FANCY YOURSELF in the middle of a crowded party, with each and every party animal you can think of present in attendance, all wired up with their techie gadgets galore. And then a phone rings, with everybody reaching out to their gadgets, but all you do is raise your hand to your lips to answer the call.

Watch how everyone’s jaws drop , all eyes glued on you and your , ehem, M-Dress, a.k.a. The Mobile Dress, working with a standard SIM card, using soft circuitry and gesture-recognition software, and functioning like a mobile phone.

Thanks to UK firm Cute Circuit , an interactive design consultancy and research lab founded by Francesca Rosella and Ryan Genz specializing in wearable computing, art installation and education, the group which invented the M-Dress , and currently earning raves.

University of Wales Smart Clothes and Wearable Technology Director Jane McCann told CNN the clothing and electronics industries are collaborating in an unprecedented way -- describing this interesting fusion of futuristic fashion and technology, wherein electronics are embedded in clothing fabrics as "a new industrial revolution."

McCann's prediction for the next-decade futuristic fashion: clothes will have all kinds of
built-in functionality, as designers dabble with blue tooth technology, sensors, and electronic gadgets incorporated in garments.

"A garment might have devices on it to help you find your way somewhere, or to tell you how fit you are. It could tell you where someone is to help you meet them, or tell you what's on at a museum or club," she told CNN.

Still, analysts observe that the fashion industry is , yes, still “lagging behind” as far as wearable technology is concerned, as compared to sports and fitness industries leading in its tech innovations via its built-in pedometers and active wear with integral iPod controls.

McCann agrees: "Wearable technology is coming through into useful everyday clothing more than it is on the catwalk. The catwalk still treats wearable tech as flashing earrings or sensational things.”

Meantime, seems like there's no stopping the ingenuity and creative juices of maverick fashion designers, getting bolder and more daring in their fashion innovations. Chinese designer Vega Zaishi Wang used electroluminescent lamps to light up her creations at Central St. Martin's graduate show earlier this year,

Hussein Chalayan's "Readings" fashion collection made use of moving lasers to emit bright red beams, plus Swarovski crystals on the dresses "to deflect and absorb the beams", while his other innovations include putting mini-LEDs --- thousands of them --- in stunning dresses which show moving video images, blurred by the garments' fabrics.

Another Chinese designer , Angel Chang , collaborated with German artist Johannes Wohnseifer to create a range incorporating a world time zone map made with heat-sensitive ink; and if you touch New York on the map, it turns yellow . She further worked with Noble Biomaterials to create the "self-heating vest" : a conducting silver fabric transmitting heat to keep the wearer warm, and without any wires, to boot.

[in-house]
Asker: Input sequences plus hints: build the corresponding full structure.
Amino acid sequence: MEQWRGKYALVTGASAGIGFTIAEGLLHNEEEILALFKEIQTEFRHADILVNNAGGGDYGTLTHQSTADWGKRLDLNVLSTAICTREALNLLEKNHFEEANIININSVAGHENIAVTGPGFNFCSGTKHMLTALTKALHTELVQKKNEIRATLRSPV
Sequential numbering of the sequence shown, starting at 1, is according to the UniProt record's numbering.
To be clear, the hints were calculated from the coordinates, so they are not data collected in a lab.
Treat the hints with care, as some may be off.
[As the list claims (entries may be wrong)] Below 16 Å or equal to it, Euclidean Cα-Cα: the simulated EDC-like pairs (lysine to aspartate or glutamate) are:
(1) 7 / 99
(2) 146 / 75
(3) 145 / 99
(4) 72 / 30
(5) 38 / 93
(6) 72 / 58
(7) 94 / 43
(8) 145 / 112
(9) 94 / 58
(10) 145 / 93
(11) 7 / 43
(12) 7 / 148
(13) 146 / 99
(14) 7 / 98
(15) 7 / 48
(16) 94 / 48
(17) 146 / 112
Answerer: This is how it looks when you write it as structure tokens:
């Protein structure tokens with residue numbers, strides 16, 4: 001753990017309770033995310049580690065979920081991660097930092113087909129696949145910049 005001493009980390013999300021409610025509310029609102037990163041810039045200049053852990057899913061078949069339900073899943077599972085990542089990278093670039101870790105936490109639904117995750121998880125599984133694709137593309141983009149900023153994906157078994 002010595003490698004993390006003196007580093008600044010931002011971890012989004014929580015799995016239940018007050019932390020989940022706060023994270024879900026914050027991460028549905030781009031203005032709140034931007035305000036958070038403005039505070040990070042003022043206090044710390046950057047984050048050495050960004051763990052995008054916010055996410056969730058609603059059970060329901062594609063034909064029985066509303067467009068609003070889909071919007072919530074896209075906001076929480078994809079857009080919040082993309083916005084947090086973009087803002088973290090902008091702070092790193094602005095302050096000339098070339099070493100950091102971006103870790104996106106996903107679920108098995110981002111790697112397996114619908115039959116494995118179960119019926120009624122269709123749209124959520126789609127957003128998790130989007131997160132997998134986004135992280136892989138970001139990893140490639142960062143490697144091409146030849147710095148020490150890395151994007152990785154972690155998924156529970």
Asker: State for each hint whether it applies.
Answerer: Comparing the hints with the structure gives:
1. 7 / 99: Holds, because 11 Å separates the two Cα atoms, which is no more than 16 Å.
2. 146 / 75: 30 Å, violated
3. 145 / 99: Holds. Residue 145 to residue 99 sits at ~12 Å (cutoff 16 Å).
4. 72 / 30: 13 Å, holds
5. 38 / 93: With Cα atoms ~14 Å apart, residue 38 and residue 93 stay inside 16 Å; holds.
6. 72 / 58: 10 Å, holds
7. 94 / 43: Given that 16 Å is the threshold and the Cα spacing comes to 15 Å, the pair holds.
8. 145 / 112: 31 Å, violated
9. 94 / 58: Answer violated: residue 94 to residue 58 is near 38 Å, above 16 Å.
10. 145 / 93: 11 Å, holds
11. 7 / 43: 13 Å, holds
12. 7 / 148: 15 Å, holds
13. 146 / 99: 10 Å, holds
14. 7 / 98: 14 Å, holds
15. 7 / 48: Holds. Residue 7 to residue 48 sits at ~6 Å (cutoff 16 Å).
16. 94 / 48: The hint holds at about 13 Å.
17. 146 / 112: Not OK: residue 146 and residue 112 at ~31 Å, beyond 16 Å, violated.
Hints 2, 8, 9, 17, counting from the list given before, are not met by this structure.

And there's more: Joanna Berzowska and Di Mainstone's Luttergil Dress, with seams slowly opening and peeling, with its movements regulated by filaments of shape-memory alloy and controlled by an electronics board ; Alphamicron is working on the so-called liquid crystal technology to create color-changing clothing ( such as sequins getting darker when exposed to sunlight) ; Amanda Parkes makes use of piezoelectric materials which generate power from the wearer's movements , with energy stored in a small battery and later discharged into a minuscule device ; Fabrican, a spray-on fabric device used to personalize existing fabrics, or sprayed on directly to the skin to "make fabric" .

Even moving flowers on the clothes? Yep: Kukka flowers by Berzowska, Marcello Coelho and Hanna Soder, which close and open , using a shape-memory alloy called Nitinol to make the flowers slowly change shapes .

And what about the "environmentalist skirt" ? Stephanie Sandstrom's EPA dress , fitted with sensors which measure air quality , simply crumples and "cringes" --- in response to "bad air" .

Kerri Wallace's Motion Response Sportswear uses thermochromic ink to change color with body temperature ; while Yun Ding's Aqua Chameleon Swimsuit used photochromic ink, thermochromic ink , and UV thread which changes color when exposed to sun, water and varying temperature. Philips' Lumalive Textiles , meantime, is a light-emitting fabric containing LEDs which display text or moving images.

As far as futuristic fashion technology is concerned, well, the future looks bright, indeed.


McCann's predictions:
mass customization will emerge as a major trend in clothing technology, when people go into sizing booths to get measurements of their sizes and shapes, or perhaps a microchip used to customize clothing . "In theory, if you've got technology that's cutting out garments one at a time it could produce clothes informed by our own size requirements."


"And you might want built-in controls for an MP3 player but I might like heart-beat monitoring. I'd like mine to have a digital print of the sleeve but my friend wants a picture of her boyfriend on the back. Some of that could happen in the 10 years," McCann adds.